One of the big concerns Waldorf educators hear from prospective parents is about the school’s lack of testing. How will we know our children are being well educated? What if they can’t keep up with their hard-driven peers after graduation?
The underlying question is, “How do we know this theory of education works?”
Nov/Dec 2011 Harvard Education Letter reports that: “Waldorf students tend to score considerably below district peers in the early years of elementary education and equal to, or… considerably above, district peers by eighth grade.”
When it comes to alternative education with positive results, The Waldorf school system is not the only educational microcosm to study. Finnish school’s have been a popular news topic lately as U.S. educators try to tease out how their system, like Waldorf, which lacks testing and rigorous early academics, can outperform the U.S. on the very tests it seem to shun.
Findland’s average scores on 2009 PISA tests – ranks them #3 in the world. The U.S. average scores equal rank #17.
The New York Times, in a December article, discussed highlights of a lecture given at a NYC private school by Dr. Pasi Sahlberg, Director General of the Centre for International Mobility and Cooperation in Finland’s Ministry of Education and Culture.
In summary, he discussed the Finnish philosophy which, according to the Times reporter Jenny Anderson, “scorns almost all standardized testing before age 16 and discourages homework, and it is seen as a violation of children’s rights for them to start school any sooner than 7.”
To Waldorf parents, these values will ring true, as will the values underpinned in Sahlberg’s quote about why tactics from the Finnish education system will not work if bolted onto U.S. public school policy.
“You know, one big difference in thinking about education and the whole discourse is that in the U.S. it’s based on a belief in competition,” Sahlberg said. “In my country, we are in education because we believe in cooperation and sharing. Cooperation is a core starting point for growth.”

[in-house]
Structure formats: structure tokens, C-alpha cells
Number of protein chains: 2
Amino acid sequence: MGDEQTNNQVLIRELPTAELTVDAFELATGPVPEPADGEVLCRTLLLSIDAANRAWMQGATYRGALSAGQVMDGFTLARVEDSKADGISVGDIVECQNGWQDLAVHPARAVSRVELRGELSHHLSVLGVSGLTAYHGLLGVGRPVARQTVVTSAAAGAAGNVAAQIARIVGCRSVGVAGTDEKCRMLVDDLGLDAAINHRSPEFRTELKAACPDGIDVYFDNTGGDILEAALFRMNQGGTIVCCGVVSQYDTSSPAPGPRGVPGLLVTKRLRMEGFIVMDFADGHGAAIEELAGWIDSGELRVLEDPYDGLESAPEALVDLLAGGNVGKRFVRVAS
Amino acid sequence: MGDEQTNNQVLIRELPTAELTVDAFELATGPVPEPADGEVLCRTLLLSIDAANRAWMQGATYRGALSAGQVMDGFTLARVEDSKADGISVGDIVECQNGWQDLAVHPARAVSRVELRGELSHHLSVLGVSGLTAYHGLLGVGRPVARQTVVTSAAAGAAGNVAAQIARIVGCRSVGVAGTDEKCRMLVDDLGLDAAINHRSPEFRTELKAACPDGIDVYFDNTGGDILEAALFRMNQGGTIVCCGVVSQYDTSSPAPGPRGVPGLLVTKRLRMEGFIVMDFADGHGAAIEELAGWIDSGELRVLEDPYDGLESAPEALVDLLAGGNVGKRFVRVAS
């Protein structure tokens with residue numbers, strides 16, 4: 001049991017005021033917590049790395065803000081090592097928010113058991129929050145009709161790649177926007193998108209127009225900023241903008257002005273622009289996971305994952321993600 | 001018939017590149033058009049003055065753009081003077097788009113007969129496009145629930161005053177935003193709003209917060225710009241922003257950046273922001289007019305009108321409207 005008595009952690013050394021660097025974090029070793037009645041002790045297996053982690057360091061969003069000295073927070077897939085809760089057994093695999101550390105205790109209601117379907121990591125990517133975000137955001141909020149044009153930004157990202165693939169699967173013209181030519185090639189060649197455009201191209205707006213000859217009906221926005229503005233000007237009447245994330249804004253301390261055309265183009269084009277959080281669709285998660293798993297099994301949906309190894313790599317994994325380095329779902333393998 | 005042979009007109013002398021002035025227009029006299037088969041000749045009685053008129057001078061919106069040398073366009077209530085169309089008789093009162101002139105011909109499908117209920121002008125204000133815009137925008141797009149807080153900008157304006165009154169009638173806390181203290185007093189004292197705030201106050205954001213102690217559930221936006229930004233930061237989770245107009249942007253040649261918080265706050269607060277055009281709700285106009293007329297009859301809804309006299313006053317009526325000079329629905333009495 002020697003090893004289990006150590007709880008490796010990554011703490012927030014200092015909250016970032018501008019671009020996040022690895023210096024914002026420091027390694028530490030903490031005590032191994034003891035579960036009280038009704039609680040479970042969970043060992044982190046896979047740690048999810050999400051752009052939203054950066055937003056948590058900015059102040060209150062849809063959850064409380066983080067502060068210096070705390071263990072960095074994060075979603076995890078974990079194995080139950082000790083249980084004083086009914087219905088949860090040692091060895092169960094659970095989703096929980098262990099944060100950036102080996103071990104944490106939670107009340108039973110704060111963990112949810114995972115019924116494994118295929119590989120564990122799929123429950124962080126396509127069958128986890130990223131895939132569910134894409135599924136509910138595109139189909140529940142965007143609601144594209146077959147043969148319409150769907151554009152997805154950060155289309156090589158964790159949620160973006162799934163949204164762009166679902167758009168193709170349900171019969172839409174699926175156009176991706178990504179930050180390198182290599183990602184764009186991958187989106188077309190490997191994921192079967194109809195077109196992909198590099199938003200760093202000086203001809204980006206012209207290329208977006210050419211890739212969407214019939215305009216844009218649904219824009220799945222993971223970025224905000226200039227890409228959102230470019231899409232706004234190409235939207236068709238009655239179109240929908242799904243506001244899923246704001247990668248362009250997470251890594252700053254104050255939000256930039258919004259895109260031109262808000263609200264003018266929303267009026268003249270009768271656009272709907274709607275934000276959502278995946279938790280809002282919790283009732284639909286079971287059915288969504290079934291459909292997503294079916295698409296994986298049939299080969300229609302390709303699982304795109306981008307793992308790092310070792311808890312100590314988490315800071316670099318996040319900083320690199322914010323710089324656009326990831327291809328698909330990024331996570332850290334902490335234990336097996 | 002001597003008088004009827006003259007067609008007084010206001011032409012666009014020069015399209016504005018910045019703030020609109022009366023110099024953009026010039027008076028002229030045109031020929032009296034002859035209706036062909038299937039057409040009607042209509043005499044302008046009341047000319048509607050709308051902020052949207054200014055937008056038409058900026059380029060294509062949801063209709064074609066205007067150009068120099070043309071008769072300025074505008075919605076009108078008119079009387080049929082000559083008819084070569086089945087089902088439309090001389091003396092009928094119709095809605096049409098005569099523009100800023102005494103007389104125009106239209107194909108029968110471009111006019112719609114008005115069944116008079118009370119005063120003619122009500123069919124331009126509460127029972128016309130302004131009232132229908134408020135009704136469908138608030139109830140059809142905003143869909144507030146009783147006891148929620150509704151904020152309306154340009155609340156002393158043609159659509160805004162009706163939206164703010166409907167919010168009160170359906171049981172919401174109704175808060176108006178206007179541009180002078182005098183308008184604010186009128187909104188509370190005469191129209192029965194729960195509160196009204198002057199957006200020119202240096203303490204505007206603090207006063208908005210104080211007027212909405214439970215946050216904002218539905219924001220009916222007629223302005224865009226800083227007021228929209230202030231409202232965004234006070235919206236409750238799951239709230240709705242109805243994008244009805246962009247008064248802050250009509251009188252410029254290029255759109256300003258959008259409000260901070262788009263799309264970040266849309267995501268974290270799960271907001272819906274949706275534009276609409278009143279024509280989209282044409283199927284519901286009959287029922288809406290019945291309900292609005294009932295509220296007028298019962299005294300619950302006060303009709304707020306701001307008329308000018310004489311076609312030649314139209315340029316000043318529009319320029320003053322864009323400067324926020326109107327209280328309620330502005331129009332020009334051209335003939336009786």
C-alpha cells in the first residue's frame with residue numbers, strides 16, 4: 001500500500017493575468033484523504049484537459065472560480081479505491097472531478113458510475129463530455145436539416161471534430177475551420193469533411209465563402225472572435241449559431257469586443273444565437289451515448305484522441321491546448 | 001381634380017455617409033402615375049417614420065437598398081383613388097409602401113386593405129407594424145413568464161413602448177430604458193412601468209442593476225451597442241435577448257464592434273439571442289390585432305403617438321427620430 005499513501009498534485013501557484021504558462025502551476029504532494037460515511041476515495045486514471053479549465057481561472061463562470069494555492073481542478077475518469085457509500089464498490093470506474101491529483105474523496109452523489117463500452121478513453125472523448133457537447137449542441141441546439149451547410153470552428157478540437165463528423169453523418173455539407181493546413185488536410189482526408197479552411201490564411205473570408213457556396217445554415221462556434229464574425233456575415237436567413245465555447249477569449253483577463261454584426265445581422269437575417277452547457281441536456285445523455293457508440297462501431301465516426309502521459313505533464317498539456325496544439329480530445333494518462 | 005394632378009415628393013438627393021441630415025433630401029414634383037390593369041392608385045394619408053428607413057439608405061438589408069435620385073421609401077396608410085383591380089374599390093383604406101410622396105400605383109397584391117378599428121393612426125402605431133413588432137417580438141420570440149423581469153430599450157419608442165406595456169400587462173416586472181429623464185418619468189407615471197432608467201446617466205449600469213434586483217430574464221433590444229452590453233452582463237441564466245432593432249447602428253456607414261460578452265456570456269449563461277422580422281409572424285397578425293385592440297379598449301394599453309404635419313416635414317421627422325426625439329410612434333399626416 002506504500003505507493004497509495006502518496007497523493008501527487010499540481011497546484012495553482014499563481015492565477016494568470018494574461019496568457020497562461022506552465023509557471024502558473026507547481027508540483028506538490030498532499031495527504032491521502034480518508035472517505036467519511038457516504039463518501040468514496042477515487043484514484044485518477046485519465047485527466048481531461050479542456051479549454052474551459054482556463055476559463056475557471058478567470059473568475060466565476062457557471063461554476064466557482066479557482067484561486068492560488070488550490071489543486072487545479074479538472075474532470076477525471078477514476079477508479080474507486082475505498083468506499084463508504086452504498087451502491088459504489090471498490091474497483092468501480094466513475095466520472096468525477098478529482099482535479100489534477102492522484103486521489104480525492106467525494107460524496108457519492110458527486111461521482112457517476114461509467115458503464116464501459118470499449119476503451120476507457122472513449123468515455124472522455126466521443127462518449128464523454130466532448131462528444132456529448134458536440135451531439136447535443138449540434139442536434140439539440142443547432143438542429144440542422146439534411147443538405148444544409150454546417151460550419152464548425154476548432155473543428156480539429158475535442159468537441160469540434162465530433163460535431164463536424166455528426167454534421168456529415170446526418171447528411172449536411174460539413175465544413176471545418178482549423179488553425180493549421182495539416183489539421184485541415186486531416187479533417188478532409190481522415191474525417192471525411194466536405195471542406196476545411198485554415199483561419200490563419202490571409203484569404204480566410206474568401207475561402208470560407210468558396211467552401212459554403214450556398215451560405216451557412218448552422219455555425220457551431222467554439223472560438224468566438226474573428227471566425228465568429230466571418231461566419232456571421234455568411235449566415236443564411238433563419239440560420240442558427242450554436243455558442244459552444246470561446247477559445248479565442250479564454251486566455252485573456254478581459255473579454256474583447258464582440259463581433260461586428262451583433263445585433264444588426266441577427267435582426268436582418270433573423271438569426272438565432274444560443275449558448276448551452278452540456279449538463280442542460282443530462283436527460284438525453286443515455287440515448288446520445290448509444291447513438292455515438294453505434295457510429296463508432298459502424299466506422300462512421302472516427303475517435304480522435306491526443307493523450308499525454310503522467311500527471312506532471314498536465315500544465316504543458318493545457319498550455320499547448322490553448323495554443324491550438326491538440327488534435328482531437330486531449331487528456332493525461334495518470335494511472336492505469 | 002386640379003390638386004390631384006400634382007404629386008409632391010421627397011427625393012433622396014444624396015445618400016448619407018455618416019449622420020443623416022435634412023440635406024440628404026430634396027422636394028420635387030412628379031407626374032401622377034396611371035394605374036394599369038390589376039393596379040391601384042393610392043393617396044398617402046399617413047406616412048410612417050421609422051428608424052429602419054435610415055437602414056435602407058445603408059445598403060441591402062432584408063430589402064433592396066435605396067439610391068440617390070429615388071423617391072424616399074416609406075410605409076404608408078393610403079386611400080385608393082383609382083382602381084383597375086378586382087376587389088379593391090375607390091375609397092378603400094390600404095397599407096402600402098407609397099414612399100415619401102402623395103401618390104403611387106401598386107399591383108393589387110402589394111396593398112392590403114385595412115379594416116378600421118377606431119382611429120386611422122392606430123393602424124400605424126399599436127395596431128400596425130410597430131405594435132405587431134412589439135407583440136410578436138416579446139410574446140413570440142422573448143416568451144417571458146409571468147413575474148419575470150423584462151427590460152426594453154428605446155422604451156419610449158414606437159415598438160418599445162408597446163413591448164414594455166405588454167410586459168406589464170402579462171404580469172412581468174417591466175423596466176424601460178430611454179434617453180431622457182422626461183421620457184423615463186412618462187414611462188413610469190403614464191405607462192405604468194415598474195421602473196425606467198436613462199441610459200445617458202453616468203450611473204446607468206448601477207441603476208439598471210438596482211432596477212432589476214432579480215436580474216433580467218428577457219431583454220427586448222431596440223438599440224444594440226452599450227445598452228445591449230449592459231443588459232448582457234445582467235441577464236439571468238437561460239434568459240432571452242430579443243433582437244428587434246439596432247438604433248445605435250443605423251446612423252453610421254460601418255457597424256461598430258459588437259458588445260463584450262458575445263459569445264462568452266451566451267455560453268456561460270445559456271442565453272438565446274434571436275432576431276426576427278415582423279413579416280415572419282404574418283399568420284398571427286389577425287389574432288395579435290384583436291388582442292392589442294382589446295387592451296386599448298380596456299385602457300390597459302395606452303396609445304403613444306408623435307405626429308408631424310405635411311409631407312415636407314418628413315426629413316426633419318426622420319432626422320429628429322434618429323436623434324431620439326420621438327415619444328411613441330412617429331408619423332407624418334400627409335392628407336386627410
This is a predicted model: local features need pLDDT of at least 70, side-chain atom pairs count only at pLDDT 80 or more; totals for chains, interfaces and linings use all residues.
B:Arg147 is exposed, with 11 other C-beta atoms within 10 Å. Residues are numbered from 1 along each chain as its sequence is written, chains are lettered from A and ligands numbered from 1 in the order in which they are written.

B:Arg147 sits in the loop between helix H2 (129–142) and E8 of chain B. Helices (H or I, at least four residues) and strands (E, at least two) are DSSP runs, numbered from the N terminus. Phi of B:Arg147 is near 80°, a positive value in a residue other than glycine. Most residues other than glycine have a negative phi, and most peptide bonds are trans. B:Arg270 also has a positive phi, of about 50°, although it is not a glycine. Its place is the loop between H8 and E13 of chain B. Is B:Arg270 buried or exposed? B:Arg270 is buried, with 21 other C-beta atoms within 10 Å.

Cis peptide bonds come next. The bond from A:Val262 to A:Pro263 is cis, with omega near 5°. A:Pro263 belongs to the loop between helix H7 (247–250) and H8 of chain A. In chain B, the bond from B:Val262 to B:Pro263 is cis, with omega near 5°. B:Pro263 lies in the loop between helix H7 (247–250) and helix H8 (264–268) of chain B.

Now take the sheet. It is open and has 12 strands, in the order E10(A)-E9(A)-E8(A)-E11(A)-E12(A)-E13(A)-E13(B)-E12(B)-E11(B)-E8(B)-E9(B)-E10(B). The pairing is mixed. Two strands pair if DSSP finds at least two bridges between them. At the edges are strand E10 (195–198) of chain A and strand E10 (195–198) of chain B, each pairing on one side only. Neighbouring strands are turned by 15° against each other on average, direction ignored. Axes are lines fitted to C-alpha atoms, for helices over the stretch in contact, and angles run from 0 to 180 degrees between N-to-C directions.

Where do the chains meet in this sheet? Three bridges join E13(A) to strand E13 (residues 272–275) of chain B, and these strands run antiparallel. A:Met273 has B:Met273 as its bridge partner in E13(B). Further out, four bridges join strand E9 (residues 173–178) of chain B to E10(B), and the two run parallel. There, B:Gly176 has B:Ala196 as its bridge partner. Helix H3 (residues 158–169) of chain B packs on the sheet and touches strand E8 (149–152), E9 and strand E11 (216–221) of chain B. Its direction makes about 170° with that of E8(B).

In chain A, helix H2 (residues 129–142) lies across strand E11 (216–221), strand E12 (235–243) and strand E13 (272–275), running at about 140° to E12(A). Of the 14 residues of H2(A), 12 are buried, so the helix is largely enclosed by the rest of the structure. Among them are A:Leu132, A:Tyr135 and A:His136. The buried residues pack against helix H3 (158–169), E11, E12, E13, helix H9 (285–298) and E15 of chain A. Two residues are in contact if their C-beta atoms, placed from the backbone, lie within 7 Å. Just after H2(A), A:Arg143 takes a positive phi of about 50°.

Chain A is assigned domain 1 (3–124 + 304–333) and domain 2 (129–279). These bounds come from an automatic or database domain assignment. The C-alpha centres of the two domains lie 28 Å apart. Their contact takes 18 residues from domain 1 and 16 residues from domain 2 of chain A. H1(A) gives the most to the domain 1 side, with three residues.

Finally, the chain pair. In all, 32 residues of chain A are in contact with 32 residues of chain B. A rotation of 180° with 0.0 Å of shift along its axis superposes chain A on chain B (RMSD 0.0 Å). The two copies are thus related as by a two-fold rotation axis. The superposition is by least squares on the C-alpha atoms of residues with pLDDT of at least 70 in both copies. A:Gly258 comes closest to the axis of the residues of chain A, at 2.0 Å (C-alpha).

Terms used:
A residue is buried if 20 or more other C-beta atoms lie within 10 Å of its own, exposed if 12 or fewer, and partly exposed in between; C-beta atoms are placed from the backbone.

This quote, from an NPR article covering the lecture at Minshift.kqed.org, is followed by an analysis of the key factors to Finland’s education success. The culture in Waldorf education mirrors these values:
Teachers are in charge: At Waldorf schools, teachers run the school. The same is true in Finland. “We have very carefully kept the business of education in the hands of educators,” says Sahlberg.
No tests in early grades: Children in elementary school are rarely tested in Waldorf. Sahlberg says, “Finns don’t believe you can reliably measure the essence of learning.”
Teaching is a valued profession: Waldorf schools could not exist without long-term committed teachers and the Waldorf system focuses on raising money to give staff free continuing education opportunities. Henna Virkkunen, Finland’s Minister of Education says, “In Finland, we think that teachers are key for the future and it’s a very important profession—and that’s why all of the young, talented people want to become teachers.”
Teachers are trusted to teach: Like in Waldorf schools, “Teachers in Finland can choose their own teaching methods and materials. They are experts of their own work, and they test their own pupils,” Virkkunen said.
So when parents ask if education systems like these can work, the answer is yes. But don’t take our word for it – go forth and read the research!